HMLC photo exhibit draws from Greitens’ award-winning book

This image of children in Bolivia is included in an exhibit at the Holocaust Museum of Eric Greitens’ photographs from his travels doing humanitarian work.

By David Baugher, Special to the Jewish Light

Have you read “Night”?

The question surprised Eric Greitens for a moment. It’s not an unusual query but one that held extra meaning coming from a 19-year-old English student in Kigali, Rwanda’s war torn capital. The questioner explained that he had often thought of Elie Wiesel’s classic of Holocaust literature during the central African nation’s infamous 1990s genocide in which machete-wielding mobs slaughtered more than three quarters of a million people.

It was proof for Greitens of a truism he discovered about the bravery inherent in human beings and the reality behind the ordinary heroes who stood up against the horrors surrounding them.

“They drew on stories from their faith or their community of other courageous people who had done things like this before them,” he said. “That’s why I think it is so important that we share these stories because it helps us all to tap into our own courage.”

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A taste of that courage will be on display during a presentation of Greitens’ photographs at the Holocaust Museum and Learning Center in Memory of Gloria M. Goldstein. It’s one of two major photo exhibits premiering in the Jewish community this month (see page 1). The Oct. 17 opening will present a sample of Greitens’ work to St. Louisans in 10 black-and-white images of scenes spanning seven nations from Rwanda to Bosnia. The pictures, excerpted from the photographer’s book, “Strength & Compassion,” display snapshots of ordinary life and the people he met doing humanitarian work in the troubled lands he visited.

“I’m sure that while we are the first venue for these photographs, this exhibit will become a national, if not an international, phenomenon,” said Dan Reich, curator of the HMLC. “One of the things we’re trying to show is that these issues did not end with the Holocaust but that man’s inhumanity to other human beings continues. Also in these photos, there’s definitely a message about the resilience of the human spirit.”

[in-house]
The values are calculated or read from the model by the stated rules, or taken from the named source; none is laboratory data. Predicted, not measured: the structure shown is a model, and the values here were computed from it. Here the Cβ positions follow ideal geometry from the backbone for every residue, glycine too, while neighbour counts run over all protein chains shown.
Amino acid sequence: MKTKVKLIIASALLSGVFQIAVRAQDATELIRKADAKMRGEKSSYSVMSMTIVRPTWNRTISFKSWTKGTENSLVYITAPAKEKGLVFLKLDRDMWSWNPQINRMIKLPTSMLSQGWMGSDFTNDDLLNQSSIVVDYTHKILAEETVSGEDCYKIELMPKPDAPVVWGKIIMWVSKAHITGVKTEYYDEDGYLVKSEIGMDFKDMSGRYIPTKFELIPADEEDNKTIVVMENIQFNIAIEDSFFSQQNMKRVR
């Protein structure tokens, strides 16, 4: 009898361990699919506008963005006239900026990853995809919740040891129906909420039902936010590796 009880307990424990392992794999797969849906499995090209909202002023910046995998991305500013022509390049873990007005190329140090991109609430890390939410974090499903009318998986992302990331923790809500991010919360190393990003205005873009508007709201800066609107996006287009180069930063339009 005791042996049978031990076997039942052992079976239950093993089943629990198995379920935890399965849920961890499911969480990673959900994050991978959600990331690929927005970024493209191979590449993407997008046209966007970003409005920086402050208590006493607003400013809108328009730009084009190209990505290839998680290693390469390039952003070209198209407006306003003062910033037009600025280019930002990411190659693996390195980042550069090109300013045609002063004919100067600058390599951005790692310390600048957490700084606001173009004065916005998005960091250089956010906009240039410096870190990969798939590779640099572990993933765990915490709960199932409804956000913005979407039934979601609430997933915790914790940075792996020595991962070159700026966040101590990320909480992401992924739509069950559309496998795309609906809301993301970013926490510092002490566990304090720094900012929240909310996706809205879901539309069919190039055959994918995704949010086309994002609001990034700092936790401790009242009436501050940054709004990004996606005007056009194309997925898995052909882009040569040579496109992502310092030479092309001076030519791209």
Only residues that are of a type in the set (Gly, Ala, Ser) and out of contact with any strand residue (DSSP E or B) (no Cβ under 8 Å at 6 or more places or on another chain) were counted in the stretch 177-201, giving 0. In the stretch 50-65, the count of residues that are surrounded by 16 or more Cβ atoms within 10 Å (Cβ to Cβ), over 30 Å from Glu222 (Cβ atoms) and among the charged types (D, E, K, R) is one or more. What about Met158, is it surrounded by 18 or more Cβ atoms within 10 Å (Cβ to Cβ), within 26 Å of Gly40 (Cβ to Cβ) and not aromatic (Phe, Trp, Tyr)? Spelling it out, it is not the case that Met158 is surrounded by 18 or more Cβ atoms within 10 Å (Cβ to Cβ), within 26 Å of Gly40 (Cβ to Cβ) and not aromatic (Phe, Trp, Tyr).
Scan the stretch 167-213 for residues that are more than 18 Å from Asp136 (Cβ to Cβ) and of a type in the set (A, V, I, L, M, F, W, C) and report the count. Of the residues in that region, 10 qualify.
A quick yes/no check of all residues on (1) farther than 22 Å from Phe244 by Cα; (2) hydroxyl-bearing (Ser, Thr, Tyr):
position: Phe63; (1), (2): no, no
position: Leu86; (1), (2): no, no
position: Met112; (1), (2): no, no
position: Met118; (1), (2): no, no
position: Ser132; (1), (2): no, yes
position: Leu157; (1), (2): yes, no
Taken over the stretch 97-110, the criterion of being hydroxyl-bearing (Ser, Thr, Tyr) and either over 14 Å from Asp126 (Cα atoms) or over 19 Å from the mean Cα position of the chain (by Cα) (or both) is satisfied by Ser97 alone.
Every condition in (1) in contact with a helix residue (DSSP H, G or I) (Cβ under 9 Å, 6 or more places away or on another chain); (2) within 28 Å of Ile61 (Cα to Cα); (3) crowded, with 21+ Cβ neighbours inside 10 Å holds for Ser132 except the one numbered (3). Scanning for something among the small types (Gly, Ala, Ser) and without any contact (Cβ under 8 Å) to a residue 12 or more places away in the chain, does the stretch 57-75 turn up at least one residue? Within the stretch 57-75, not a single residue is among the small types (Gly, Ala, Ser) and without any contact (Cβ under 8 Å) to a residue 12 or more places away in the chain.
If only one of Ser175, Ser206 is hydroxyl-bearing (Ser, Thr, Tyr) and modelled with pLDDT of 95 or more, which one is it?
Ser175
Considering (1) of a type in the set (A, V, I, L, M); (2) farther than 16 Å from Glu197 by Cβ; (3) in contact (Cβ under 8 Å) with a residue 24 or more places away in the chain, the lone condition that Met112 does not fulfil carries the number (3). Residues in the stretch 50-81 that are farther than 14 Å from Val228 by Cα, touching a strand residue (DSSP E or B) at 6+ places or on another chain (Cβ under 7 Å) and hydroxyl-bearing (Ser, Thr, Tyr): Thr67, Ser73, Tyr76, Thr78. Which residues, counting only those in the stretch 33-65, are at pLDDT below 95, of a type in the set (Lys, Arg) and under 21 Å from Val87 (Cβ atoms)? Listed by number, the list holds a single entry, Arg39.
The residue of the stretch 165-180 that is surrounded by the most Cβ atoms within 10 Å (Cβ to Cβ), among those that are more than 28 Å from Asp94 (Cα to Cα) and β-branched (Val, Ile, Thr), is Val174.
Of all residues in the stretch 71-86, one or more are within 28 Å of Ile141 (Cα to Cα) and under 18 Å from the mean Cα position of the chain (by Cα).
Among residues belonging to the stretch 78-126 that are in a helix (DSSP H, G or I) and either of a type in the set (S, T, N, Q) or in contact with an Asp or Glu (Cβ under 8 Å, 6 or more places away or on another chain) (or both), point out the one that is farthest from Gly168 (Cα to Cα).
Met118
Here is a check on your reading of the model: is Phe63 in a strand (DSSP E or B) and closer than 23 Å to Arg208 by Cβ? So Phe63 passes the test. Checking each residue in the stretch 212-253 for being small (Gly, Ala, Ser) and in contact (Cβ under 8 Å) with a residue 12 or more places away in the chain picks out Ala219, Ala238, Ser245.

Greitens, 36, has an extensive and varied resume. A Rhodes Scholar and decorated Navy SEAL, the native St. Louisan has been honored as a White House Fellow and currently holds the title of senior fellow at the Truman School of Public Affairs at the University of Missouri. Last year, “Strength and Compassion” was awarded the grand prize at the New York Book Festival and earlier this year, Major League Baseball and People magazine named Greitens one of 30 “All-Stars Among Us.” His photography endeavor began in 1994 shortly after he started his humanitarian efforts, mainly as a way to document the work that was being done. Soon however, it became about the people he met.

By 1997, he knew he had a book on his hands and continued shooting for the next few years.

“I was amazed to see in situations of incredible hardship,” he said, “where there were kids who had lost limbs to landmines in Cambodia or street children in Bolivia or people who had survived genocide in Bosnia and Rwanda, it was really incredible to see the kind of strength that helped all of those folks to rebuild their lives.”

“They weren’t victims,” he said. “They were survivors.”

The photos chosen for the HMLC exhibit will feature children. It’s a choice in some ways reflective of the more than 100 photos in Greitens’ book.

“I would always focus on individual people and families,” he said. “Specifically, what I was focused on was capturing the kind of dignity, strength and courage that we don’t see broadcast on the news when people are covering these emergencies.”

One story that stuck with him was that of a 16-year-old boy who seemed to be the leader of more than a dozen youths in the local refugee camp. In talking to the boy, Greitens recalled him indicating each member of the group and saying ‘He is powerful with fire and cooking’ or ‘This one is powerful with the soldiers. They like him.’ The experience left a deep impression on the photographer.

“As he pointed to each one of the boys in the group he described each one as being powerful in some way,” he said. “I really saw the key to his leadership was that he had the humility to recognize the strength in everyone around him.”

Strength was also evident in Paul Rusesabagina, the hotel manager who became the unlikely savior of more than 1,000 endangered Tutsis. His story would later become the inspiration for the 2004 Academy Award-nominated film “Hotel Rwanda.” He wrote the foreword for Greitens’ book.

“One of the things that was so interesting about Paul and others who gave shelter is that a lot times they felt like they were the only people in their village or community who was offering it,” Greitens said.

Greitens, who spent his childhood at B’nai El Congregation and frequently did community service work with children growing up, said it’s all part of making “Never Again” more than a hollow phrase for the next generation.

“It’s one thing to talk about what the world should be like,” he said. “It’s another to really get in there and make our own effort to repair the world, even in the most difficult of circumstances.”

This event is made possible by Nancy and Kenneth Kranzberg, Hannah and Lawrence Langsam, Regions Bank and the St. Louis Regional Arts Commission.